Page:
Simply put, Today seems to be what happens when I get cocky, and it's bleeping annoying.
For reasons I can't completely explain, Saturday and Sunday were great diabetes days. I stayed around 90 most of the time, despite multiple snacks (yes, with carbs) and some SWAGing (no, I haven't kicked that habit yet). This type of shenanigans-free blood glucose behavior is not normal for me; especially on the weekends.
Every once in a blue test trip, I'll get a day or two like this. It gives me some confidence, and a sense of relief. I almost start to think, Hey, you - this isn't so bad after all. See how well you're doing? And you're hardly trying! You've got this! It's all falling into place! I want to give myself a big ol' pat on the back; like I've earned it somehow. As if my 24 years of diabetes knowledge and experience has culminated to this focal point of awesomeness.
But, Today?, Oh no - today, that streak of awesomeness came to a skidding halt while I was at work. Twice.
One of the most frustrating parts is my inability to see where I went so wrong. A little wrong? Maybe. But not 35 mg/dL wrong.
I ate the same breakfast. Took the same insulin for it, 15 minutes ahead. Then I drank my coffee - like I always do - and took a few units for it, like I always do. I watched my number creep up to just below 130 on the Dexcom, and was still headed upwards when it was time for my daily 15-minute morning walk. When I returned, I felt... normal. Nothing out of place. I got back to work, but after a few minutes felt a little weird.
Ping and I consulted: 35 mg/dL.
"What?!?!", I shrieked, in the safe silence of my own head. This didn't make any kind of sense. A 15-minute walk at that time of morning is very consistent in bringing me down between 50 -60 points. I had the same amount of IOB as I always do. NOTHING CHANGED.
I ate some dried mango (in retrospect, not the most fast-acting choice, but that darn dietician I saw two weeks ago is still in my head: "You need to eat more fruits!"). I waited 15 minutes, then checked again. I was 65 and heading back up. Whew! Back to work.
An hour later, I'm feeling weird again. Ping, what say you?
"You have got to be flocking kidding me!!!", I once again yelled in my head. Puzzled, I busted out the Starbursts. I ate four, waited 15 minutes. Still reading "LOW" on the Dexcom (which means under 40).
Ate four more.
Ate the last four.
Ping told me I was at 100, and so I stayed above that for a little while - but only a little.
Lunch came and went. My one-hour post-prandial blood test was 113. (Sweet!) But it came at a price - half an hour later, guess who came a-knockin'?
I ate some more mango, the yogurt I brought but didn't eat yet, and then proceeded to also get a cookie later that afternoon. And you want to know what that did? I peaked at 152. (....really? That's it? After all that carbtasticness? Um, okay...)
I just really don't get it. My basals have been unchanged for weeks, I was eating the same foods I always eat. Bolusing the same exact way. Nothing in my routine changed... except the outcomes.
Um, excuse me, Phil? Could you come back out here, please? I just need...
Thanks, buddy. I'm glad to have you on my side.
(Sidenote: Phil is a ClipArt image a co-worker and I use frequently. Phil gets his name from the fact that he has "had his fill/Phil of this crap". He always speaks in italics, and with multiple exclaimation marks. Sometimes he says "Roight!!" with a Billy Idol-esque flair, but mostly he's just peeved about everything. I have a feeling he'll be making more guest appearances on this blog in the future, so I thought I'd introduce you all to each other.)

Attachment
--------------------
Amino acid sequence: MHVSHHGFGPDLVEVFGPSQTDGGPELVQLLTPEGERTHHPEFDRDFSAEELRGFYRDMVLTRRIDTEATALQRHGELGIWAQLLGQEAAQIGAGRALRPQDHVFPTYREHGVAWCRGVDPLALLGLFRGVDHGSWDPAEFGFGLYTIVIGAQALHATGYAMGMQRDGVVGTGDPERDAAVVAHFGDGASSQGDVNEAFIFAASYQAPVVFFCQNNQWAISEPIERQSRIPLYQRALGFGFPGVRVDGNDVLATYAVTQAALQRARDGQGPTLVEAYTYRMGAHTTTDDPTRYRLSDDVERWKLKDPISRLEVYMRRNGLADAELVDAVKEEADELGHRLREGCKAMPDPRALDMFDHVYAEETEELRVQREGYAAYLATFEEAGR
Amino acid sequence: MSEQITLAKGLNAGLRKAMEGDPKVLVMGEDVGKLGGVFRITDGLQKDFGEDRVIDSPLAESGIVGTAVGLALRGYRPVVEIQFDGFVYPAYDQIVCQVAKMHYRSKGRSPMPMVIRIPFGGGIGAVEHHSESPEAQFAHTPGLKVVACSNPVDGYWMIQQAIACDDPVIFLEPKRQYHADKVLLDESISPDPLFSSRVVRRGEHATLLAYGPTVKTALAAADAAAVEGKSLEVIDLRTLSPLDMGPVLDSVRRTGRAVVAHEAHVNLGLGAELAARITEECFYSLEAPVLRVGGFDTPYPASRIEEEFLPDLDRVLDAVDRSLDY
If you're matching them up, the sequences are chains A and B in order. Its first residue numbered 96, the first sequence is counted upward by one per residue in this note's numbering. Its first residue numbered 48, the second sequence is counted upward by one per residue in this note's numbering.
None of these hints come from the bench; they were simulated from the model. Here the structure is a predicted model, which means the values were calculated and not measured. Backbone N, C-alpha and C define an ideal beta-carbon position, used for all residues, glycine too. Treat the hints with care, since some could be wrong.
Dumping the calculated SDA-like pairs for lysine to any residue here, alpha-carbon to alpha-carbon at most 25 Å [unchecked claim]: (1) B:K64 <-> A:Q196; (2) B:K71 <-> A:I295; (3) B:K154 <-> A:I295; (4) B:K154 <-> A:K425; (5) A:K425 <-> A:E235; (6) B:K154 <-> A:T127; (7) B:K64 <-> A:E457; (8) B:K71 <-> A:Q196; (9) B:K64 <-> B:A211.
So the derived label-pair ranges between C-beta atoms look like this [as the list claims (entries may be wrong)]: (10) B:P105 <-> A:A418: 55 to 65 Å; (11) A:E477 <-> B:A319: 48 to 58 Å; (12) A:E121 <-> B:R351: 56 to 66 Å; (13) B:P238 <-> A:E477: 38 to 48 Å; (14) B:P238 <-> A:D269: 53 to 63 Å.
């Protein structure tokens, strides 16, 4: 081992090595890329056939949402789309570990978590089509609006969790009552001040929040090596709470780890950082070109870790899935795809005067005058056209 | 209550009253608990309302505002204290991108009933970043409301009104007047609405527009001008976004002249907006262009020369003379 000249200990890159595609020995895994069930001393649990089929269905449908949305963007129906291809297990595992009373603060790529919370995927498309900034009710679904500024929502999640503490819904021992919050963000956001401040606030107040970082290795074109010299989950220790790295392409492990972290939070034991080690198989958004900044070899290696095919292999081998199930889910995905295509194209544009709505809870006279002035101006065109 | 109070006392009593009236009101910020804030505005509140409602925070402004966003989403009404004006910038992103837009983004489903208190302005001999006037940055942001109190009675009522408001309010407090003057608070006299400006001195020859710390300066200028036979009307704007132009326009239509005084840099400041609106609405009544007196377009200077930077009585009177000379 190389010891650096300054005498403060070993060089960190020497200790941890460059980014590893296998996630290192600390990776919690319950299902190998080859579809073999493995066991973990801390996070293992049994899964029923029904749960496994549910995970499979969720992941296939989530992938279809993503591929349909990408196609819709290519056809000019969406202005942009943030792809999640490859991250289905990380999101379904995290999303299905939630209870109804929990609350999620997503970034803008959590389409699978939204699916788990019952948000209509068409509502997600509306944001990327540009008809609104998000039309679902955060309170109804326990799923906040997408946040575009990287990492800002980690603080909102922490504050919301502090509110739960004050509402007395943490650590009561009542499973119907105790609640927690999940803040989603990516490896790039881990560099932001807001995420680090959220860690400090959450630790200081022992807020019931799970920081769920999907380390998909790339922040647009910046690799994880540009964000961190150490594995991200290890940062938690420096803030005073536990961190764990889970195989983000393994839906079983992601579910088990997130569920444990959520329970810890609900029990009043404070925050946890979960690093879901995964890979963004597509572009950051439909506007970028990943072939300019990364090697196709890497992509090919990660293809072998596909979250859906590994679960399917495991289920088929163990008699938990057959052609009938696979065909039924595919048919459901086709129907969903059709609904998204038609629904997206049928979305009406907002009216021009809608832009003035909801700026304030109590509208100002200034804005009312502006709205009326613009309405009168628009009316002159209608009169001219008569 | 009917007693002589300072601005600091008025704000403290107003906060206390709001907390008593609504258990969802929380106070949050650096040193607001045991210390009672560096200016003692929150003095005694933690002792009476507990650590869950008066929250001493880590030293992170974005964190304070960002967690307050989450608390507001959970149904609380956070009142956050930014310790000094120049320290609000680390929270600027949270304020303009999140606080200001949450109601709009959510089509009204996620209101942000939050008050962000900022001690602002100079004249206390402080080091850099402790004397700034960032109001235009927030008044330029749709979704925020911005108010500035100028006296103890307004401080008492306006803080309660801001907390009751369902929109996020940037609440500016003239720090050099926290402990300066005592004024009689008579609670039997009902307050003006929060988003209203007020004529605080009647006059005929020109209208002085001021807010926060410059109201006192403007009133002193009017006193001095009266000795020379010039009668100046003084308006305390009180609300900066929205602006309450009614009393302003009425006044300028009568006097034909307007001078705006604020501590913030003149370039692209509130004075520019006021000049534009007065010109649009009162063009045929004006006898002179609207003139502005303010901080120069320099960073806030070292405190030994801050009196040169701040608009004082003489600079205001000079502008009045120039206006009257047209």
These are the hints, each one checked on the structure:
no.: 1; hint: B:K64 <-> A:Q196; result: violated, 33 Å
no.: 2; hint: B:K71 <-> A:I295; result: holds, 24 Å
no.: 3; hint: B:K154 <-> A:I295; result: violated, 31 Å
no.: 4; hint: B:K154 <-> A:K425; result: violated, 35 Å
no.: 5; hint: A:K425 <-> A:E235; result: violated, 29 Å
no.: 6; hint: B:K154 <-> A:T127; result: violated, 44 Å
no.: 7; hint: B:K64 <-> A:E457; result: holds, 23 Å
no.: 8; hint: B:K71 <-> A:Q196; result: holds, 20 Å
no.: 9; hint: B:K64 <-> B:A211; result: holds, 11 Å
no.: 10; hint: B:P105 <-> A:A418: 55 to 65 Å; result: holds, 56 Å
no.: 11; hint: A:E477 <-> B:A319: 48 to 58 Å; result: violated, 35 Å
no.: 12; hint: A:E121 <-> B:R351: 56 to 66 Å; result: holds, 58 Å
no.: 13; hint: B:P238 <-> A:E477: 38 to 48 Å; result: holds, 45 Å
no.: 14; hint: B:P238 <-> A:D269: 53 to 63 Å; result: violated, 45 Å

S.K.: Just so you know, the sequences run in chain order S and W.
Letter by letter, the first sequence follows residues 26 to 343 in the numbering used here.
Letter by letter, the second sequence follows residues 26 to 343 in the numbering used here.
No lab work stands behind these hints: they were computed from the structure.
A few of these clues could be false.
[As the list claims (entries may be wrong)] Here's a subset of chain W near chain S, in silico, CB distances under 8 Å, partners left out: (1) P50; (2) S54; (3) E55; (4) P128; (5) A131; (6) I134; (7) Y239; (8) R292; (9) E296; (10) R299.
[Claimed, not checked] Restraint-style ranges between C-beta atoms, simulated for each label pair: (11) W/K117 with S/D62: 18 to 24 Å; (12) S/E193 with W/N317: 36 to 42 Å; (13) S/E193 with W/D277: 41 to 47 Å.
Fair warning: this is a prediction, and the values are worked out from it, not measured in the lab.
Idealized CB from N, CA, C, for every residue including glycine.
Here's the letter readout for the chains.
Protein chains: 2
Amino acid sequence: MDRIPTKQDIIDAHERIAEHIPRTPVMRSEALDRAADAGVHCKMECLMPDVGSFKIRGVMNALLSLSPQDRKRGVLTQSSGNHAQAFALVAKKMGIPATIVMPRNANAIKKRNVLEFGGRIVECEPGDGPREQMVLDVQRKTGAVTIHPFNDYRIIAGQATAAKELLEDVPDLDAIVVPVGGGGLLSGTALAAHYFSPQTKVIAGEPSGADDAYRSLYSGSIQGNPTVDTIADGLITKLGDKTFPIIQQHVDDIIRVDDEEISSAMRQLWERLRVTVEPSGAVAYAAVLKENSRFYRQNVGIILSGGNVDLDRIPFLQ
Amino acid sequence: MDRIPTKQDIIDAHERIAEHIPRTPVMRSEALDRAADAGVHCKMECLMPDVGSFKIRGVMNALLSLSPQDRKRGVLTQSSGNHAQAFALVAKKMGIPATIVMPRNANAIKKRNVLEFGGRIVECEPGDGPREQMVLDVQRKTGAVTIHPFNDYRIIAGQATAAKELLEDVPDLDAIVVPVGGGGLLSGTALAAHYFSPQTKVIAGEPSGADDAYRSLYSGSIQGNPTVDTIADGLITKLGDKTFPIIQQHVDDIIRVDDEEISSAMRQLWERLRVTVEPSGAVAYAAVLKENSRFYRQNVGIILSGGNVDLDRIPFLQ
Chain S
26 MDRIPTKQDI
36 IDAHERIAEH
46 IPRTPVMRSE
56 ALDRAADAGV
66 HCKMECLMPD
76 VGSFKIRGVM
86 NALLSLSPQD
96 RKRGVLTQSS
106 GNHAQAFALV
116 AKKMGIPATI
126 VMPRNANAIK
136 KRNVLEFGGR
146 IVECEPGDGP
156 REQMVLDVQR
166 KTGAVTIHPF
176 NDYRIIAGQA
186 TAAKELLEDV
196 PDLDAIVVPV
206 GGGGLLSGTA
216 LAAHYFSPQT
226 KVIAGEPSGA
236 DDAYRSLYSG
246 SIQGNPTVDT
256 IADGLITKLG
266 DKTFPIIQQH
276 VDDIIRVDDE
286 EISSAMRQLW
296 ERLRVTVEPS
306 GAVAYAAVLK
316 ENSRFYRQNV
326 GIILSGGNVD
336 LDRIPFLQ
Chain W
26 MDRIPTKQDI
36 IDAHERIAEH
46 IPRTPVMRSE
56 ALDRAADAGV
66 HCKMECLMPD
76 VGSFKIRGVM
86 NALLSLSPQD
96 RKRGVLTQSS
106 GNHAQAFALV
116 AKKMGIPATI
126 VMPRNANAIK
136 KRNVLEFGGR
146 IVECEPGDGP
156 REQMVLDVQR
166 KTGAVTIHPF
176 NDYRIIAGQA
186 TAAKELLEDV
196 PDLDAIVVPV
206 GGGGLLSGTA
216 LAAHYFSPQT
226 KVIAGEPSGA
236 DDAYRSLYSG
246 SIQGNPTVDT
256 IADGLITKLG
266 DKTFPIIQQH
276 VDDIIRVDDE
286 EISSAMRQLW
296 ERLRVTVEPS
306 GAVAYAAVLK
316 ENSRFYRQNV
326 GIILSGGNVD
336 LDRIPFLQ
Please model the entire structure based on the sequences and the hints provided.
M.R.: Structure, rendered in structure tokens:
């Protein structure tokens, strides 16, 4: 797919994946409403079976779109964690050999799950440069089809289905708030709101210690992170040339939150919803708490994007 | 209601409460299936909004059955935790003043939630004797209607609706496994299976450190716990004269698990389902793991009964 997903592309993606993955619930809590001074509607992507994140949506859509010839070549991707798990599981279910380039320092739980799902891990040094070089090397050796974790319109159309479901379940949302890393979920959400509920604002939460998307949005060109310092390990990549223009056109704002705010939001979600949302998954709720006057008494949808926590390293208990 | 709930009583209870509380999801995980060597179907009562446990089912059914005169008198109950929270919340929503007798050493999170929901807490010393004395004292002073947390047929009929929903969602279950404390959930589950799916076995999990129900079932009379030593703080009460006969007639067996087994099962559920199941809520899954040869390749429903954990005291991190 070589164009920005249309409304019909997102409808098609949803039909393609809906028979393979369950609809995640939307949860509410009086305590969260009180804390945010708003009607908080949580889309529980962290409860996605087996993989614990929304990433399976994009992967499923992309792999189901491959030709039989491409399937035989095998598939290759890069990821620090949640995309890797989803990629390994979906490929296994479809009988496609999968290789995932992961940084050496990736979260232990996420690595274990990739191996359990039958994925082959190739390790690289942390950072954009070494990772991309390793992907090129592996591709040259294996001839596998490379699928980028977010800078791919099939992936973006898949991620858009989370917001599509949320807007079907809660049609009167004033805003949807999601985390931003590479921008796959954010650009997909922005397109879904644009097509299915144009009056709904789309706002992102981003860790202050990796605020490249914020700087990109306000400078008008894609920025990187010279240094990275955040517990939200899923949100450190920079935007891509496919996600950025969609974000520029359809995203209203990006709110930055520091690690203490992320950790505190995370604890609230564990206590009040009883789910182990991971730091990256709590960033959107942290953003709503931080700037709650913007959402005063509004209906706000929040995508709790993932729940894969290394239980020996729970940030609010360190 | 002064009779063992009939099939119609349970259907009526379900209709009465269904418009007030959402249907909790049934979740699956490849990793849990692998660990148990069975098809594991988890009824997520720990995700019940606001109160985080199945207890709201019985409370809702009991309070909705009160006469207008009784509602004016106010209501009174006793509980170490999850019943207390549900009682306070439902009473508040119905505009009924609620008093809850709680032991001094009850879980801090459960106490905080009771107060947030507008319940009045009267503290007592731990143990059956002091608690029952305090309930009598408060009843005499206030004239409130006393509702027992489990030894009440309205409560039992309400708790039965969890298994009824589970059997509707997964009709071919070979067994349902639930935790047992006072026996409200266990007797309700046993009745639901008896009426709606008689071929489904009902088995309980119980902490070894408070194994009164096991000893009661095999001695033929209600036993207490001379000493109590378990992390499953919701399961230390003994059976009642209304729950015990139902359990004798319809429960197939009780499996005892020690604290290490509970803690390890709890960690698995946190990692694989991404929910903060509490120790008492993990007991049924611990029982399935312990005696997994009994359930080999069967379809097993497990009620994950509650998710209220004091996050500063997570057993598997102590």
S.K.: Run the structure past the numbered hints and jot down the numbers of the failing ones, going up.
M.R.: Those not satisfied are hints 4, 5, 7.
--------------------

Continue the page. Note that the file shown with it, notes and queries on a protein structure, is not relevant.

This was Justice yesterday. It sucks . Total bullshit! Glad you're feeling better. ? I know Dexcom is your CGM so who's ping? And how does he know your sugars?ReplyDelete
Things seem to have leveled out finally - thanks. :) Ping is my pump remote, which is also my meter. For some reason I've never named the actual insulin pump.ReplyDelete
Do you find it difficult to deal with all of this and have to work on top of that? I quit my job last week (I am a hairstylist - the job with the least amount of flexibility and predictability) so that I could get a better grab on my sugars. I found that my fear of having a low while in the middle of a service (try polishing nails when your hands are shaking so badly you might as well have palsy) prevented me from dosing insulin properly. I am curious how other diabetics deal with the work/low sugar issue.ReplyDelete
Lisa - in a word, yes. I am fortunate that I have a pretty flexible work environment, but I always worry that at some point I'll overstep that because of the D. Customer service, while fun and lucrative, was not a good match for me, as I frequently had to work during lows I couldn't immediately treat (and never had time to test, other than at lunch). I wonder how others do it, too.ReplyDelete
I've been on phone conversations with people when I've become low without realizing it. On two occasions, I got to the point where I could not speak articulately any longer--the thoughts formed in my head but the words wouldn't follow from my mouth. Very weird. All I could say was, "I gotta go," and call them back later.ReplyDelete
Could have been my story yesterday. I am Frederike, from the Netherlands and T1 for almost 31y. Could hardly manage to get over 55mg/dl. Nothing different, just another day at the office. This morning I started at 306. Just shoot me. Is it a full moon?ReplyDelete
I work at an office. I test bg whenever I want (no CGM, insurance doesn't pay) and my co workers know what is happening when ik start talking like an idiot. When mu pump beeps they check their BBs :D
Dang, what a ride. That sucks, and I'm sorry you had to deal with all of that crap.ReplyDelete
On the bright side, Phil totally made me chuckle. :-)